1. Draft speclet
    The Product Manager begins by writing a speclet that will serve as a stand-in for the epic. High-level user stories focusing on user needs are added to this document as the Discovery progresses.
  2. Begin design
    When the Designer has enough context on the problem (from the speclet and discovery) they begin work on designs.
  3. Create Epic in Jira
    Product Manager creates the Epic(s) and possibly shell user story tickets in Jira. Follow this guidance on epics.
  4. Add User Stories to the Epic
    When designs are agreed on, the Designer prepares the designs for handoff and writes detailed user stories based on the designs. If the epic doesn’t have a user interface, it may be more appropriate for the Lead Engineer to write the user stories.
  5. Preview stories
    The Product Manager, Designer, and Lead Engineer review all stories before Storytime and estimation.
  6. Initial prioritization
    Product Manager prioritizes stories before Storytime so that we estimate the highest priority tickets first.
  7. Storytime (estimation)
    PM and Designer schedule a Storytime meeting with the sprint team.
    • If the Designer wrote the story, they take the lead in talking through it.
    • Stories are discussed and estimated by those involved in delivering the story.
    • Stories may be broken down into smaller tickets if needed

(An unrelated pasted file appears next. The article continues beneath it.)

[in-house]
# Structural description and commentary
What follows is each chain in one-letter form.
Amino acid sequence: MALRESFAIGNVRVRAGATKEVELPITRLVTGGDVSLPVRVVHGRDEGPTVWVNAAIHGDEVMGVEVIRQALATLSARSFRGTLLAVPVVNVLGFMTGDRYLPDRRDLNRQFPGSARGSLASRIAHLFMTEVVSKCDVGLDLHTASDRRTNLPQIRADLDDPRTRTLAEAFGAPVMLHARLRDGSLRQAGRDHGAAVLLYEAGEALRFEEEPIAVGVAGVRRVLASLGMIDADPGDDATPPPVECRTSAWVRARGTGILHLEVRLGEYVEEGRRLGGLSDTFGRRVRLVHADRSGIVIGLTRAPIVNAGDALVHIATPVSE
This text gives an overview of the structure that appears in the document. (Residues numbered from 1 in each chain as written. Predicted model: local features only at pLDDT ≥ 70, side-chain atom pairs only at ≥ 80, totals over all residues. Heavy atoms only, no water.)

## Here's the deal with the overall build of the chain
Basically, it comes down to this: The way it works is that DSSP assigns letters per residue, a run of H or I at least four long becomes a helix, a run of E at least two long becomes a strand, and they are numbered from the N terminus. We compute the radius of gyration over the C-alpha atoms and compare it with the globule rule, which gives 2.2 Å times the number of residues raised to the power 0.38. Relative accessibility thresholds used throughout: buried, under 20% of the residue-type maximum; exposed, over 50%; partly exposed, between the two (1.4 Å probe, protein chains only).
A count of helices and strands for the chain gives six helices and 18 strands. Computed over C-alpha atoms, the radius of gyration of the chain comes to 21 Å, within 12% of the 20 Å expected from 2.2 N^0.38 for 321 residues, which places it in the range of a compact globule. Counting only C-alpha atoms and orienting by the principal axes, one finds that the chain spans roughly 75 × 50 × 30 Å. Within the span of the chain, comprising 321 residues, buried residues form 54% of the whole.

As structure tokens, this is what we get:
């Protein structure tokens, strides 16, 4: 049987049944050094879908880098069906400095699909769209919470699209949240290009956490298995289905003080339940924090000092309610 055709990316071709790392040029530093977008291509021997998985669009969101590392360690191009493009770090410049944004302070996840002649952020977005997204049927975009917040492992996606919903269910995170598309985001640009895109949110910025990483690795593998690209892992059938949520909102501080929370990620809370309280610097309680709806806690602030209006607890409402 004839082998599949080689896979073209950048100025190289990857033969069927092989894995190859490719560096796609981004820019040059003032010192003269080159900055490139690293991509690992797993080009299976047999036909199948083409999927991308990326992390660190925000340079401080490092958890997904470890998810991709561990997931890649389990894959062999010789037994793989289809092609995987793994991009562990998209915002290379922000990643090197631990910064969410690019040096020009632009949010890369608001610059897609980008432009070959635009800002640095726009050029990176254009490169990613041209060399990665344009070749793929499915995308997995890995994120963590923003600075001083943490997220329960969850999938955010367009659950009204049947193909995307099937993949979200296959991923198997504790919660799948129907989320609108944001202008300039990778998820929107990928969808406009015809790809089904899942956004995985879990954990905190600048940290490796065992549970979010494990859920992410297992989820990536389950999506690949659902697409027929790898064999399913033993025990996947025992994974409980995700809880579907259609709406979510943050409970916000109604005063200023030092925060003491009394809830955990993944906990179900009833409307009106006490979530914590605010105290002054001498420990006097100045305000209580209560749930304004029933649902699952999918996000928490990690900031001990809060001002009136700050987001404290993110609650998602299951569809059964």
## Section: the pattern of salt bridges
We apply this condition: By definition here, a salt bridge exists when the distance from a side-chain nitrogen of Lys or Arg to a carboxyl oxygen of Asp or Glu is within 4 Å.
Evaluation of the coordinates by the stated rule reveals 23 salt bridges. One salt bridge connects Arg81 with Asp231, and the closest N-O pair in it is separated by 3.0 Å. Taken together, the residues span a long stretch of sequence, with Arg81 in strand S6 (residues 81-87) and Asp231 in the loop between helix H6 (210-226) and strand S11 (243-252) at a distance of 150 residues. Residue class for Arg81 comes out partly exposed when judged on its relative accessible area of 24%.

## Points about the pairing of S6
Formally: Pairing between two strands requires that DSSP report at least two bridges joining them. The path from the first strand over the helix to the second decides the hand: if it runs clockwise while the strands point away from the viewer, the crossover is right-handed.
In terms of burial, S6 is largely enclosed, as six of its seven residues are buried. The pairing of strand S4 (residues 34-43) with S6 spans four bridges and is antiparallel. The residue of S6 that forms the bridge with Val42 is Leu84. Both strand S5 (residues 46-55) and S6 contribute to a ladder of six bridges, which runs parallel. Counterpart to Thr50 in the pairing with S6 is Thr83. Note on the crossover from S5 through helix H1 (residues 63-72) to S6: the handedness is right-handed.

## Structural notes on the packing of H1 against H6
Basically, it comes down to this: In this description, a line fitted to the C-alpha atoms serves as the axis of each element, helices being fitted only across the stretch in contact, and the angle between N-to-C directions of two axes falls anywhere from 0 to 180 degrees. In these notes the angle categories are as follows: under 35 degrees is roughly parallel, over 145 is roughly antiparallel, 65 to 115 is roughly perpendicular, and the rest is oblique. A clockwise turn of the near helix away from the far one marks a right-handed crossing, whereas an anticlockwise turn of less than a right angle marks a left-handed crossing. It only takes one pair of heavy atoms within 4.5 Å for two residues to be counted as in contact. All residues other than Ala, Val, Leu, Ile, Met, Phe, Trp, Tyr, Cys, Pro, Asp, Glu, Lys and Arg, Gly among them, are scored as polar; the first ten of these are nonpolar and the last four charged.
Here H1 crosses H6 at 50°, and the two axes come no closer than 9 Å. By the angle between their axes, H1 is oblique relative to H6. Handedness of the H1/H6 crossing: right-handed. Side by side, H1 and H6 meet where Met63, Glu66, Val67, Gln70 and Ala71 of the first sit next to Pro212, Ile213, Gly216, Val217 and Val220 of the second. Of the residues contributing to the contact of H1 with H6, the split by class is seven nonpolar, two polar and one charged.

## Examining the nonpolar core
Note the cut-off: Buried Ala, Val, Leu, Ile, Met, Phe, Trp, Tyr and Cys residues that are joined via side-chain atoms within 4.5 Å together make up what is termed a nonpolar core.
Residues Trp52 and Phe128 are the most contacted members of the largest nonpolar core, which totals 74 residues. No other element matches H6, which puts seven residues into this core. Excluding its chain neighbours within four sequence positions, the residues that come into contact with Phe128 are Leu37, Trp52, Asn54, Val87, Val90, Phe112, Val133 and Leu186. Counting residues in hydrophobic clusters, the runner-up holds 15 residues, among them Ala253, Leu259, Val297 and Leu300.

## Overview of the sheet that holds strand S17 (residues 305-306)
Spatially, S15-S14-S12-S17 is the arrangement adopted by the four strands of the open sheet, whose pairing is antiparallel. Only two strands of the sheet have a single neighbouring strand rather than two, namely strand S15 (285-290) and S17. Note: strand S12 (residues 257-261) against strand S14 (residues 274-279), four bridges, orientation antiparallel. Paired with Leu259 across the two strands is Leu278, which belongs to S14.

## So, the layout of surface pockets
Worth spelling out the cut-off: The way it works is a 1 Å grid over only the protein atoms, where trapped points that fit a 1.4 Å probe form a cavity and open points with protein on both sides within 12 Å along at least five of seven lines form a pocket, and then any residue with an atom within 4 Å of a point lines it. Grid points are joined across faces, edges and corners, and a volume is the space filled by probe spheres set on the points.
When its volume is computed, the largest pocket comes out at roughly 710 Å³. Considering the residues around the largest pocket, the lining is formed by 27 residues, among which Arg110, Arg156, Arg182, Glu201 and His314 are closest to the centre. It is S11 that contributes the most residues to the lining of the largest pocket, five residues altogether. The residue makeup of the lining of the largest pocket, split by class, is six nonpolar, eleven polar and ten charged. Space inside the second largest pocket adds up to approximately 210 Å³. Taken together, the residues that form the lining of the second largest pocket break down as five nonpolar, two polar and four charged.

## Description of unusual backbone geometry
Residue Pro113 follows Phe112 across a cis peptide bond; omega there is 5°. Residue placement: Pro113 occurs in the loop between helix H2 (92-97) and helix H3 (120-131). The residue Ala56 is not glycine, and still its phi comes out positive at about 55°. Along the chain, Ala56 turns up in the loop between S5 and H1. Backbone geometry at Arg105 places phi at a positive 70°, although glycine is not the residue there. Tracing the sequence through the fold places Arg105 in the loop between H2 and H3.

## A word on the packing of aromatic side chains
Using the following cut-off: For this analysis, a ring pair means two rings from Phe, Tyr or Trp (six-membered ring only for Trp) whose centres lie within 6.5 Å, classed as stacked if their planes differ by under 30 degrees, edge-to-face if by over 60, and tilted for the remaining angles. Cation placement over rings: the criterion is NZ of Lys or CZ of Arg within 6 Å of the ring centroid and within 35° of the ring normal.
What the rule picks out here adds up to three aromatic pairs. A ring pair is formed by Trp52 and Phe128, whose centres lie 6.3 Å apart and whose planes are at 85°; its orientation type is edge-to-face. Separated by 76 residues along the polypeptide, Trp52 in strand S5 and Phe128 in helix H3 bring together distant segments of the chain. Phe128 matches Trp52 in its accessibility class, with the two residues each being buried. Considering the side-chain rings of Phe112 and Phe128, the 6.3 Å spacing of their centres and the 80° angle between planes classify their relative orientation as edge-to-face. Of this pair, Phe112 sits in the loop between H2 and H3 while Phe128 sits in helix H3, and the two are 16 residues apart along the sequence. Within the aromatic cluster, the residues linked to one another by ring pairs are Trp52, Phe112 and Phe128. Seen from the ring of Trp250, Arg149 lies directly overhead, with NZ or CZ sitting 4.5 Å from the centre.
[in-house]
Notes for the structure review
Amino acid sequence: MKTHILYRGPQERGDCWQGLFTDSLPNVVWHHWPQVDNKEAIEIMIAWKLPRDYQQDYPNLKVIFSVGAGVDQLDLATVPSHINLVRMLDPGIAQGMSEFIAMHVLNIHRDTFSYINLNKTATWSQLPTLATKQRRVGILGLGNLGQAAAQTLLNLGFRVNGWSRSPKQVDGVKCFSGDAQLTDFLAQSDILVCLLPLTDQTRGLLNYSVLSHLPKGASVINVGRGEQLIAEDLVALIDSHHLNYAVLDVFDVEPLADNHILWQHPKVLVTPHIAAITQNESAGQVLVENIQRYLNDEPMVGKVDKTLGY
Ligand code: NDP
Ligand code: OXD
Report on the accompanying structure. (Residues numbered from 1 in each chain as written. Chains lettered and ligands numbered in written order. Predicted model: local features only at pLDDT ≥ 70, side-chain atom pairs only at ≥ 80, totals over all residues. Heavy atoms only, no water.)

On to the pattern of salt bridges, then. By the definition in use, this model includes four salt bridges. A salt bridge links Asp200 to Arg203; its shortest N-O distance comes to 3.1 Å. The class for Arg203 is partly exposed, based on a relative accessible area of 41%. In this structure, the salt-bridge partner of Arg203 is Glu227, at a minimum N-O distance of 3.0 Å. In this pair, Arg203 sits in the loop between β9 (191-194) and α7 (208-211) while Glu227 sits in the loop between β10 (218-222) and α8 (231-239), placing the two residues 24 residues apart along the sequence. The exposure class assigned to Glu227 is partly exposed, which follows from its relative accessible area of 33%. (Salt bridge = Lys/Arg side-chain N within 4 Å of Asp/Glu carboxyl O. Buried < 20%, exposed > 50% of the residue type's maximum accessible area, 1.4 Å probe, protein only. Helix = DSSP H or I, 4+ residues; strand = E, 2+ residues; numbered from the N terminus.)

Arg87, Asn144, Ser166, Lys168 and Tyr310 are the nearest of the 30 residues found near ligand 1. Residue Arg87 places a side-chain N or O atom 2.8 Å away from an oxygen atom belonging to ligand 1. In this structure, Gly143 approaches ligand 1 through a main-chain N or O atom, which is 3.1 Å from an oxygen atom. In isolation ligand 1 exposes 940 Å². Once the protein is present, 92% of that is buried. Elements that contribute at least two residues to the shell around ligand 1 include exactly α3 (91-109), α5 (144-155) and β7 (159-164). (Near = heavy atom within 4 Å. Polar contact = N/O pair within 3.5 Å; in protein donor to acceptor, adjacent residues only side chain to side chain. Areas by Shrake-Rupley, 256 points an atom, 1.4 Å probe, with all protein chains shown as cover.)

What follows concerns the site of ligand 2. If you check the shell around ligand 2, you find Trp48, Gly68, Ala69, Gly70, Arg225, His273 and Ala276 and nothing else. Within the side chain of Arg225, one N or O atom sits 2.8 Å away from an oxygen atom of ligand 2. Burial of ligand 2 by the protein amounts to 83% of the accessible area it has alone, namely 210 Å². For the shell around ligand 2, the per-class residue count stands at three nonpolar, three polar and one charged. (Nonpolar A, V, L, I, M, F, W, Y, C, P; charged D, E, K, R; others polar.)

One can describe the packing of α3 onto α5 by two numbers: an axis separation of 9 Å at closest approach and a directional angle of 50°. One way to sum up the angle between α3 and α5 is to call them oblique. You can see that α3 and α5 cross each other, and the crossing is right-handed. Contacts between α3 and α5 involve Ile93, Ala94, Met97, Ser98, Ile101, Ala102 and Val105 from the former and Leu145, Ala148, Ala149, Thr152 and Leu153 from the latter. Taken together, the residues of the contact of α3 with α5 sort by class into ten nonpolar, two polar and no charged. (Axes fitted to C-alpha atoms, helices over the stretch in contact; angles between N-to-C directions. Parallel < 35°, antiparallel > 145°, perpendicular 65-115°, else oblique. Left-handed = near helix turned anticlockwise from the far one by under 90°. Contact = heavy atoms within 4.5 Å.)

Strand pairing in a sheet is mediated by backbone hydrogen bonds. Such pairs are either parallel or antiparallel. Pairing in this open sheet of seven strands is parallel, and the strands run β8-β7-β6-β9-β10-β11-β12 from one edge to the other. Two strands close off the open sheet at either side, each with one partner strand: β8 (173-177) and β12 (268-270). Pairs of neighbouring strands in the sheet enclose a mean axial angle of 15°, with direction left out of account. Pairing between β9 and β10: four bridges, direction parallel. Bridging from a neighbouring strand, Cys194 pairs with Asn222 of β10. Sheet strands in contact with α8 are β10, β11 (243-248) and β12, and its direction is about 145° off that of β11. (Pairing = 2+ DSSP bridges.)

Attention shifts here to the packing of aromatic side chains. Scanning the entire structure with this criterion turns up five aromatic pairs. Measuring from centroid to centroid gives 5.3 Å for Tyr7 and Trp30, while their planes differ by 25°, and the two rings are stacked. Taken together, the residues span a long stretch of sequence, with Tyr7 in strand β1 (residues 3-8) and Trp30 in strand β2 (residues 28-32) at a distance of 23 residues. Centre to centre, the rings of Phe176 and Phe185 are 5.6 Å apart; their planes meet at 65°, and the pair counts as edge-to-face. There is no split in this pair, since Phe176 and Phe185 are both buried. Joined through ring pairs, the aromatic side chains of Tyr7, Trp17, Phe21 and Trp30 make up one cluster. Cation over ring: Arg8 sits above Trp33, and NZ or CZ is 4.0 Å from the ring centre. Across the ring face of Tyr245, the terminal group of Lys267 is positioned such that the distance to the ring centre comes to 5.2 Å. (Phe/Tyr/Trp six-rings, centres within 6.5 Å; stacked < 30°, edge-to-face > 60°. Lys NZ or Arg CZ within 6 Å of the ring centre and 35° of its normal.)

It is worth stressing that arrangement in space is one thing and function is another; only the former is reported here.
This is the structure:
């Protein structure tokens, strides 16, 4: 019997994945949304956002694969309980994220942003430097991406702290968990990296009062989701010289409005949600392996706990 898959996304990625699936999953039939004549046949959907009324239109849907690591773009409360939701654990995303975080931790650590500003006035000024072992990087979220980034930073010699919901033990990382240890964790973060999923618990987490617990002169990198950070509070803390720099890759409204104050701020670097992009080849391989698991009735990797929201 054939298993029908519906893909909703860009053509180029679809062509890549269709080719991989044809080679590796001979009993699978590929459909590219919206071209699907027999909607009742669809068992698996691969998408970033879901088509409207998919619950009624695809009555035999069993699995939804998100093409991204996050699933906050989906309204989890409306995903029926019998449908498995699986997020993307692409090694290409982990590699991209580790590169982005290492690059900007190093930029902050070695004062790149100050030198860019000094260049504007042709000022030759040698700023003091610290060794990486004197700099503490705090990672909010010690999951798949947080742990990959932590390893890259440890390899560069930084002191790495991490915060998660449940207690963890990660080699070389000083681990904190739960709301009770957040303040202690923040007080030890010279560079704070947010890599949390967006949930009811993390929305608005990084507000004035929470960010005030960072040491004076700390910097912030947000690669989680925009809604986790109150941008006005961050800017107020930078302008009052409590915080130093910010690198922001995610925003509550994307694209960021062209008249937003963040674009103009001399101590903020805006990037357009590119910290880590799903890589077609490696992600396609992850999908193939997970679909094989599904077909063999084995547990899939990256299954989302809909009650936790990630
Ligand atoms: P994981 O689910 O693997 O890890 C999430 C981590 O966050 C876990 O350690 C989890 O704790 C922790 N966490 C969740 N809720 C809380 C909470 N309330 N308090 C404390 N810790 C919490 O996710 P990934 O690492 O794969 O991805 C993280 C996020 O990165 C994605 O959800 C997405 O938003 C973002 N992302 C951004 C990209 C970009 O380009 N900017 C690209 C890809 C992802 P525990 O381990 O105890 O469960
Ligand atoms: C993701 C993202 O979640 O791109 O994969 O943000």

• User stories must have an estimation before they are considered ready to be included in a sprint.
  8. Final prioritization
    PM reprioritizes the backlog before Sprint Planning and Kickoff. This helps ensure the highest priority tickets are ready for the next sprint and the backlog is prioritized with this new work.
  9. Sprint Planning
    Meeting where we align our commitments for the next sprint with our actual capacity.

Further information on Sprint Ceremonies can be found here.

Our responsibilities during the sprint

Answering Questions

If questions come up during the sprint, the Designer is the first line to answer the question. They may pull the Product Manager and/or the Lead Engineer into the conversation if needed.

Accepting User Stories

On a pre-defined environment (for example, a Staging site), we verify that the work delivered meets the Acceptance Criteria before accepting the story.

Right person, right story, right time. It is important to understand who on the team has the proper skills to accept the story at hand.

  • Design or interaction-heavy stories should be accepted by a designer, preferably the individual who created the design.
  • If you can’t verify an engineering task, don’t accept the story — find a developer who can.
  • Do not allow delivered stories to sit for more than a day without acceptance testing. This can unnecessarily lengthen the feedback loop, reducing positive momentum and allowing the team to forget the specifics of the work.

Reject early, reject often. The Reject action is the flag to begin a conversation. You are not saying that the effort put forth has no value, just that the Acceptance Criteria have not yet been met.

  • Comments must be added along with steps to reproduce any unmet criteria. Work out with your team the right amount of information to add when rejecting.
  • Consider using software like Licecap if an animated gif may help clarify the actions you have performed.